MANILA: A powerful quake that struck the central Philippines yesterday rose to 43 as landslides struck a mountainous area, a regional military official said.
At least 29 were killed by landslides while 10 others were crushed by collapsing buildings in the mountainous town of of Guihulngan on Negros island, said Colonel Francisco Patrimonio.
Four other people were killed in other parts of Negros which also suffered widespread power outages and damaged roads and bridges, hampering rescue efforts, the colonel told reporters.
“Looting is now rampant in Guihulngan which forced us to commit (more troops) with the Philippine national police,” he added.
The 6.8-magnitude earthquake struck off the coast of the central Philippines in a narrow strait between the heavily populated island provinces of Negros and Cebu.
Almost four hours after the quake struck, a 6.2-magnitude aftershock hit the central Philippines again, panicking rescuers once more.
In Cebu city, a popular tourist destination, hotel guests scrambled to higher floors as unfounded rumours of a huge tsunami heading to the metropolis of 2.3 million spread on mobile phone text messages.
Among the casualties were two elementary school children who were crushed to death by collapsed walls.
“They are all victims of collapsed walls and fences,” Civil Defence Chief Benito Ramos said of the seven killed.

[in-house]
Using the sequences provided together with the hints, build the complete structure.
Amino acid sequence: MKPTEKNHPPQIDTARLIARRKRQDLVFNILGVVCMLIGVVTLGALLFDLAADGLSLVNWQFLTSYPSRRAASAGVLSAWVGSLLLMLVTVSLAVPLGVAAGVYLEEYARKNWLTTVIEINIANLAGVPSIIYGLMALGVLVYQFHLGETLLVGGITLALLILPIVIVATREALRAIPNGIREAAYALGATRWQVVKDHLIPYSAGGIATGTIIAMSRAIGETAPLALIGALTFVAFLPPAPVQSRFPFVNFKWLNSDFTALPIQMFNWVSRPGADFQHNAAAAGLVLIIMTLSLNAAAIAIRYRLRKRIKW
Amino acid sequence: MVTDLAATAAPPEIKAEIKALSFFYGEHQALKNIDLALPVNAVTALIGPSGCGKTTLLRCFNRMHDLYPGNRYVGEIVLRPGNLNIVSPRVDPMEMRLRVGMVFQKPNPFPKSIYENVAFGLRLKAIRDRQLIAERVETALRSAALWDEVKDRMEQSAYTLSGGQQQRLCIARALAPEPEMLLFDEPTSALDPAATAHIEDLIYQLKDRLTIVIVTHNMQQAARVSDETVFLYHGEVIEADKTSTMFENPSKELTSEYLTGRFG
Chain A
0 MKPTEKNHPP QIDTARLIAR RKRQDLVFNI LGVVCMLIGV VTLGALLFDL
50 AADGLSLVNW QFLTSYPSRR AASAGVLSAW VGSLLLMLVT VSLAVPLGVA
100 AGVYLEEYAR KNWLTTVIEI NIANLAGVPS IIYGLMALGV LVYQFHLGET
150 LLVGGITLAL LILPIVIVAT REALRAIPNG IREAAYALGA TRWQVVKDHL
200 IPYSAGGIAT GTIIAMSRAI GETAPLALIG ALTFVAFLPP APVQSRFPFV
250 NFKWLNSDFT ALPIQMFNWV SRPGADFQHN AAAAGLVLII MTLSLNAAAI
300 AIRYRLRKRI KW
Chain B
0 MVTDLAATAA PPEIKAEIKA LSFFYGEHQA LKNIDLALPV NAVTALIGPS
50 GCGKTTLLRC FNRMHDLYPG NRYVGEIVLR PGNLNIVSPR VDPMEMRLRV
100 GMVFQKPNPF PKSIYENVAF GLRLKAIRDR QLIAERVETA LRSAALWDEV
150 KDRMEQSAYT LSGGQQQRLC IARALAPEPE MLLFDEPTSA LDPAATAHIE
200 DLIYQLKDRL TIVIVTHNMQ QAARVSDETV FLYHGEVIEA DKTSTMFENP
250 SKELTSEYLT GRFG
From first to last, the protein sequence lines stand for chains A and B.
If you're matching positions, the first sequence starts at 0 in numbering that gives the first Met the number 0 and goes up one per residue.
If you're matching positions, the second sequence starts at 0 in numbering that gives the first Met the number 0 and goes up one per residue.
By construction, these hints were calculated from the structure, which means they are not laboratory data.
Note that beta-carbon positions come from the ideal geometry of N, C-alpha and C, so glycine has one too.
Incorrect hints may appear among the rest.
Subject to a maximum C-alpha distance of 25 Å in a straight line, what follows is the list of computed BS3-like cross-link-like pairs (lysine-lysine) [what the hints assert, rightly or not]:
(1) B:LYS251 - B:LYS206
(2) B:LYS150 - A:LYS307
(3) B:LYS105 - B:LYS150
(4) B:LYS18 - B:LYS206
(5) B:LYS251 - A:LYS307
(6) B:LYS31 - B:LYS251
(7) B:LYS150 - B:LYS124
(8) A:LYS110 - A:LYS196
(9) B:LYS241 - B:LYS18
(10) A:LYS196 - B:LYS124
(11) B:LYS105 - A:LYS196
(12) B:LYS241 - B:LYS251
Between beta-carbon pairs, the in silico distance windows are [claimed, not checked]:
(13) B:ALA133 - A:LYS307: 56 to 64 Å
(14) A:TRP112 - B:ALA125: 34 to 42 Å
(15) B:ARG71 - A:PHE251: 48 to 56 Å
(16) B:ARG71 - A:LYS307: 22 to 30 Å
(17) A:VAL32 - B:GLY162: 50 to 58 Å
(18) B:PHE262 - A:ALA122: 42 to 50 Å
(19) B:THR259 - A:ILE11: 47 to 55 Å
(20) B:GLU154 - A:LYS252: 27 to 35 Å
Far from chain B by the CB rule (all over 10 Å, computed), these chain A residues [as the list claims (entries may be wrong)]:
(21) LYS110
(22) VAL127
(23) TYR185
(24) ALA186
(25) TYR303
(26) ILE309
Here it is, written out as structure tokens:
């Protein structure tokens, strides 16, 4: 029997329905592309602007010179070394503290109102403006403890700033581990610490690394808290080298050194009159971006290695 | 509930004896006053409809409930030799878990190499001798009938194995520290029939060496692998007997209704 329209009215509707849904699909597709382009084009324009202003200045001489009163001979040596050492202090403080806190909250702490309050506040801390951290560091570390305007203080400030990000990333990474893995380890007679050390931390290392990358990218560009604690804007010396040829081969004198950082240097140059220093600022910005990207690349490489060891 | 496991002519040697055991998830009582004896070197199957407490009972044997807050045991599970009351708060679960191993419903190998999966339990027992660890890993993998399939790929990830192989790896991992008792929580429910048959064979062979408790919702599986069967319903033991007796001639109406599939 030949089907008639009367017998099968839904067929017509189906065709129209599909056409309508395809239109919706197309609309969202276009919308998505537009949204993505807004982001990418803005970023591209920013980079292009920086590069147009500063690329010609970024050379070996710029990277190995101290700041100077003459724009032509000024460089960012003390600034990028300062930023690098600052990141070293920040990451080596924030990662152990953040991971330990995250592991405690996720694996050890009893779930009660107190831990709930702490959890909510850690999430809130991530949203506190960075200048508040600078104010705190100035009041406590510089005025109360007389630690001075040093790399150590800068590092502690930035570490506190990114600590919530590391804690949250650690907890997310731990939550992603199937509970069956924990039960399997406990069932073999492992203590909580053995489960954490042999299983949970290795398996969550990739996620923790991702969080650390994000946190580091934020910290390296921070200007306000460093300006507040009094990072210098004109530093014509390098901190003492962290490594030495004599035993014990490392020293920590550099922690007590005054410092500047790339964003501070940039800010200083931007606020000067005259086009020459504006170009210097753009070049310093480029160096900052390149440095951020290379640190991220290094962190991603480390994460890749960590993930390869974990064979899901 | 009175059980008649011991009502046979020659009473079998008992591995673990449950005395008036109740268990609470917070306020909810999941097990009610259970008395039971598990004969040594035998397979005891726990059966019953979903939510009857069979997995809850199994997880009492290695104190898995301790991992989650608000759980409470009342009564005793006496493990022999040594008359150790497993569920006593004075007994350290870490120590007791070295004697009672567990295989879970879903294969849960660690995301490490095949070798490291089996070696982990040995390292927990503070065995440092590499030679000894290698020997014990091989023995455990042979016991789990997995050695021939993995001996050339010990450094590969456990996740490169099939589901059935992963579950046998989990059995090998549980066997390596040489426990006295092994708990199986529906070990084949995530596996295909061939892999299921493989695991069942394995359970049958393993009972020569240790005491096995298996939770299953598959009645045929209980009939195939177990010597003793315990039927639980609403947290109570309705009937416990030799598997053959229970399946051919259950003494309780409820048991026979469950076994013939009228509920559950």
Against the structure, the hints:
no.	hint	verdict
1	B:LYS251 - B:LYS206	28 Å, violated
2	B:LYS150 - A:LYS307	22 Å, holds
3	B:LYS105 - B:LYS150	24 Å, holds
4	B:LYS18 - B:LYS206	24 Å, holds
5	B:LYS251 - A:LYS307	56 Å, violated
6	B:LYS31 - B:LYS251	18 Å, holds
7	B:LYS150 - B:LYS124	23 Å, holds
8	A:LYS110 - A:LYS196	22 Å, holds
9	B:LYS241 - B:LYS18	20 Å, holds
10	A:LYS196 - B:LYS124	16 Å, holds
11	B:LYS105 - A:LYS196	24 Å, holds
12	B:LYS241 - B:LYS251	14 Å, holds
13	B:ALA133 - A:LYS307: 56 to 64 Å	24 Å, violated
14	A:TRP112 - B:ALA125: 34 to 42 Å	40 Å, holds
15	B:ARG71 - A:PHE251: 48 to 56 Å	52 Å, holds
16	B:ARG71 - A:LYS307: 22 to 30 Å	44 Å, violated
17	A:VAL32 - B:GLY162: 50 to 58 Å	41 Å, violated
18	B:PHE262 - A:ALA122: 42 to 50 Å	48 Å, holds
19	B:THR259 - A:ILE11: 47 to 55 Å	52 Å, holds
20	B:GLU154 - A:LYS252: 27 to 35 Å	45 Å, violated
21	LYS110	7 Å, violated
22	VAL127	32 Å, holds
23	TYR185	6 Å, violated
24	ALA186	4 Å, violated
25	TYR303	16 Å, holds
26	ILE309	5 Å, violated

A three-storey building in Negros also collapsed, while huge cracks appeared on highways and at least seven bridges, rendering them impassable, local authorities said.
Ramos said the violent shaking of buildings in Cebu city — 50 kilometres from the epicentre — led to broken windows and cracks on some walls, but no high rises were believed to have sustained major damage.
Local residents said there was panic in the country’s second-biggest city, but there were no immediate reports of casualties or major damage there.
“There is news going around of tsunami waves, so we are doing our best to keep everybody calm,” Barbi Patino, a spokesman for the 17-story Parklane International Hotel in Cebu told AFP.
“We are completely safe inside the hotel, but we could see people on the streets now rushing away from the area.”
Pedro Baldomino, a student in Cebu, said he saw many office workers in downtown Cebu leaving their buildings after a public announcement on radio warned people to brace for expected aftershocks.
“I was having lunch when the ground shook. Water spilled from glasses and plates clanked. Some of the diners rushed outside, some of us stayed underneath the tables,” he said.
Philippine government seismologists earlier raised a precautionary tsunami alert over the quake, but lowered it two hours later.
“While the threat of immediate danger appears to have passed, we urge the people in affected areas to remain watchful and calm, and to cooperate with the authorities,” the presidential palace said in a statement.
The Hawaii-based Pacific Tsunami Warning Centre said there was no danger of a widespread destructive tsunami.
On Saturday, An earthquake measuring 6.0 in magnitude hit the eastern coast of the Philippines, but no tsunami warning was issued.
There had been no reports of casualties from that quake. – AFP